Equity managers are accustomed to either fundamental factor models, which rely on just a handful of applicable factors, or on statistical models which rely on uninterpretable factors built from the portfolio constituents. But with the introduction of hedge funds, FX, commodities and other asset classes into traditional asset owner portfolios, neither of these approaches provides accurate and useful results. Fundamental equity factor models offers no explanatory power for a derivative portfolio and statistical models offer no meaningful interpretation. Rather than relying on a one-size fits all solution (fundamental models) or on uninterpretable factos (statistical models), the ‘hybrid’ approach uses thousands of tradable and understandable indices as potential factors from which an algorithm selects the best subset for each sub-portfolio. The result is a statistically meaningful factor model made to order for each portfolio made up of a manageable number of interpretable and even tradable factors.
The hybrid approach offers the best of both older methods – a small number of statistically meaningful factors, but this time applied to diversified portfolios.
Advanced Performance Attribution and Comprehensive Risk together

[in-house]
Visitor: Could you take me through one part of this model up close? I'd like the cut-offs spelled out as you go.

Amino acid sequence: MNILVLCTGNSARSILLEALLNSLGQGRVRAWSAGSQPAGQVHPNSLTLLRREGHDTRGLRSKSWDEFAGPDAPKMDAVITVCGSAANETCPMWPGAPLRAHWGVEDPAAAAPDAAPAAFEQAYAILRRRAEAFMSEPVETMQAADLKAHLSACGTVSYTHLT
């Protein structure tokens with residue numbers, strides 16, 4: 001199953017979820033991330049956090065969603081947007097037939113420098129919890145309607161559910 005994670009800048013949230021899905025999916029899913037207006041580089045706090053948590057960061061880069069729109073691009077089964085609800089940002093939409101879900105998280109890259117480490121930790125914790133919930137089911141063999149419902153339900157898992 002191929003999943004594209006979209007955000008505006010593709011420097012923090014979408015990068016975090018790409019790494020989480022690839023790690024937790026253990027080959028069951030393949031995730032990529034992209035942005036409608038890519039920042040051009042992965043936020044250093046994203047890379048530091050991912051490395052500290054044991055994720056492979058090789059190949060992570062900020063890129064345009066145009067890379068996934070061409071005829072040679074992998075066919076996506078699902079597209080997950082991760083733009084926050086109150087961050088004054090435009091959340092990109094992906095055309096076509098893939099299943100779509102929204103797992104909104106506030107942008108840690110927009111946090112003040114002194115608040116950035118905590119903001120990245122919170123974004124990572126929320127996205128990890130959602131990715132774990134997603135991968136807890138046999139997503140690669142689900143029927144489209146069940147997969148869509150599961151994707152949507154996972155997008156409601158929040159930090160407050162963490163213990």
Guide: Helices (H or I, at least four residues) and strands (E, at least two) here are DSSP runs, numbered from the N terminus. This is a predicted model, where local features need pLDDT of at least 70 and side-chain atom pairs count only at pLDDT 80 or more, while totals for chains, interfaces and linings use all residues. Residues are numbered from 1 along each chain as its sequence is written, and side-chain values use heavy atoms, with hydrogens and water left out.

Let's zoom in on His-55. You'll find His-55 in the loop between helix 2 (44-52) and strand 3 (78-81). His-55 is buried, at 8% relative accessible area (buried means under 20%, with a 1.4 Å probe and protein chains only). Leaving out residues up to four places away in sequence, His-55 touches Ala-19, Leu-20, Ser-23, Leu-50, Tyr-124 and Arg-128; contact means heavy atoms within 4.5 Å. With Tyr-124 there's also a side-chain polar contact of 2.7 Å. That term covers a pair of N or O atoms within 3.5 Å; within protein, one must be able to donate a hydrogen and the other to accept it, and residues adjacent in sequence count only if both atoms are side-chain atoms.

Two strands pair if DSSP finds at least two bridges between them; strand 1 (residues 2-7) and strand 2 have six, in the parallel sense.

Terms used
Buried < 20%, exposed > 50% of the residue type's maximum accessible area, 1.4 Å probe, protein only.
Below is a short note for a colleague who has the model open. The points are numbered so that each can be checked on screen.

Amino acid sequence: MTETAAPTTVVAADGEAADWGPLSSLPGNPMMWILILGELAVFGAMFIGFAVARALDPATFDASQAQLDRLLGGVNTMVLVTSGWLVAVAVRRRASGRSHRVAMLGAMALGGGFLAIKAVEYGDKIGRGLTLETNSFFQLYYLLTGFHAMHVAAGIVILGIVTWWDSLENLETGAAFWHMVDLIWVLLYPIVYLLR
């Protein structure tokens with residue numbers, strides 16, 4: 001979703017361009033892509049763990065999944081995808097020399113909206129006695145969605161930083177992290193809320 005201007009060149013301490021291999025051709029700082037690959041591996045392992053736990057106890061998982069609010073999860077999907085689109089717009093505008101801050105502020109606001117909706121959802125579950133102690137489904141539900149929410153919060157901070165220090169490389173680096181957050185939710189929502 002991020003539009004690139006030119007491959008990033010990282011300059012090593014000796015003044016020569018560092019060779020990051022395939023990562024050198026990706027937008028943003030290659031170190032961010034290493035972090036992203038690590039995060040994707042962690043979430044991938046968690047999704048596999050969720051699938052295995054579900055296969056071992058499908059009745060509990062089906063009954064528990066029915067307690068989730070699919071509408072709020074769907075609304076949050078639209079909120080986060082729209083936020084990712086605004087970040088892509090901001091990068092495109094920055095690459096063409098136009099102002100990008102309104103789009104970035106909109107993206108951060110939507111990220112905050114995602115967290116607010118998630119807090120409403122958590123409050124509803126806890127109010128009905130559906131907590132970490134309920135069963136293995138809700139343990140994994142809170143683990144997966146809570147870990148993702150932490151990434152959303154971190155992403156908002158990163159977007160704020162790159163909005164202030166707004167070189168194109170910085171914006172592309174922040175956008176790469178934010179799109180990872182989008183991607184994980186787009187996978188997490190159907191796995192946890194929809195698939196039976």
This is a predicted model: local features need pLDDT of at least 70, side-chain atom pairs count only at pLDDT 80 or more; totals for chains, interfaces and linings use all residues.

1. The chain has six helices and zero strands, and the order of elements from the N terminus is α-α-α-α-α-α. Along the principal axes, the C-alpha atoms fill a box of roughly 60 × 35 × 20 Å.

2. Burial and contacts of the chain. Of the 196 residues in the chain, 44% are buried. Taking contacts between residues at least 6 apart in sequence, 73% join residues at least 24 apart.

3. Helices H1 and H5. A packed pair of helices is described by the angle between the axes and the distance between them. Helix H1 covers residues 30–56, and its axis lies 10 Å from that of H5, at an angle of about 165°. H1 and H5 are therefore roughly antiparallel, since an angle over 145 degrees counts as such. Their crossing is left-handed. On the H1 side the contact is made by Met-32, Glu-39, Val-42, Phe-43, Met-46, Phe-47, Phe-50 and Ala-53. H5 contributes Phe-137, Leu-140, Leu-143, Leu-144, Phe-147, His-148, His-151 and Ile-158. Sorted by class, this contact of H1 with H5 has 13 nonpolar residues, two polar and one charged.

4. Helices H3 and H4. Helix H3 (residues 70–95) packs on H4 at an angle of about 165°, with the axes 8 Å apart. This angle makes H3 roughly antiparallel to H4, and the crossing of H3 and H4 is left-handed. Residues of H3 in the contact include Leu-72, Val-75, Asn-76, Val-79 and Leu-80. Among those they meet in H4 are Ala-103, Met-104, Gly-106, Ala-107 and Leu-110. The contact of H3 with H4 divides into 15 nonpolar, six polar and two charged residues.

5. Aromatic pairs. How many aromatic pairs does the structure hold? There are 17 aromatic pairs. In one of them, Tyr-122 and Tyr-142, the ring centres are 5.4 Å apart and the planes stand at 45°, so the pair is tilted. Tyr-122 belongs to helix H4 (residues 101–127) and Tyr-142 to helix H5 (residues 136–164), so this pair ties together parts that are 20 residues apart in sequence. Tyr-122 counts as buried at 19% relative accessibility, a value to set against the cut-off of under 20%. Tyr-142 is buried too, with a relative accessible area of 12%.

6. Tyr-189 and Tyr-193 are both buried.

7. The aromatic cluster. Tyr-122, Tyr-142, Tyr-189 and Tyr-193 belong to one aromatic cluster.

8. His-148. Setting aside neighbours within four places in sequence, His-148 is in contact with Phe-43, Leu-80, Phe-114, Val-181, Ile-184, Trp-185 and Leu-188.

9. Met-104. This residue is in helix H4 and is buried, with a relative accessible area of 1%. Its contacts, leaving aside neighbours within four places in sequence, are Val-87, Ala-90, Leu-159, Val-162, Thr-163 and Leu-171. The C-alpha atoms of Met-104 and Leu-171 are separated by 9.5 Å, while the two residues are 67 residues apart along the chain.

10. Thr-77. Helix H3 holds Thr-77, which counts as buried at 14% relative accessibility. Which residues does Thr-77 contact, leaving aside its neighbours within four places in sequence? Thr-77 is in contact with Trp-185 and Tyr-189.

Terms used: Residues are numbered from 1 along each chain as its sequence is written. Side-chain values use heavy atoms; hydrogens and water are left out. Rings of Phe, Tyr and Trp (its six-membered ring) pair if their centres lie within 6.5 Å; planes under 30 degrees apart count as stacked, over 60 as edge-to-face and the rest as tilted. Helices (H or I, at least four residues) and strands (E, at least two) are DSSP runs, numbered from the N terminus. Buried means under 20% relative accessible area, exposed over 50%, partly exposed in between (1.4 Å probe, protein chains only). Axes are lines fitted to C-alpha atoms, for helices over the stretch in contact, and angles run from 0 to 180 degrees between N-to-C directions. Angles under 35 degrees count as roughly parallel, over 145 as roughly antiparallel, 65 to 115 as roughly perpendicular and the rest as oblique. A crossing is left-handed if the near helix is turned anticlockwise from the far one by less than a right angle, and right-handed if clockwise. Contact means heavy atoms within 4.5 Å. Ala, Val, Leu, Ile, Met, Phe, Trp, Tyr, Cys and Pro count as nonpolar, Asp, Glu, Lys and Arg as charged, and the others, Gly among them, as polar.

All portfolio managers and investors track the performance of their investments and look for attribution analysis so they can identify the best and worst picks they’ve made – the goal of which is to identify winning and losing strategies so they can repeat what is shown to work. Those same managers and investors have come to value a robust risk analysis on the same portfolios. Since before the global financial crisis, managers and asset owners have sought a single source of performance/risk analysis but until recently, they’ve had no choice but to use different systems and reports for these two very closely related analyses.
In August 2008, a prominent hedge fund decided to de-lever their portfolio to ride out the storm of market volatility. After one of their analysts suggested cutting their worst losers, the portfolio manager decided to use our risk services to see how such trades would impact their risk profile and found that risk would actually soar. It turned out that their losing positions, in aggregate, formed a significant hedge of their wining positions. How much easier would it have been to identify such a pattern if we had had a performance engine integrated with our risk service? Imagine a report that shows multiple attributions simultaneously: attribution of returns and risk into the same underlying causal factors for each set of investments in a portfolio. Simultaneously learning where you made your money and how much risk it cost you to make that money would be instantaneous. Such insight is not far away.
It’s an exciting time to be in the fintech analytics business – innovations and disruptive improvements are changing the game for everyone, and I’m excited to play my part in helping people make better investment decisions.
By Damian Handzy, Global Head of Risk, StatPro.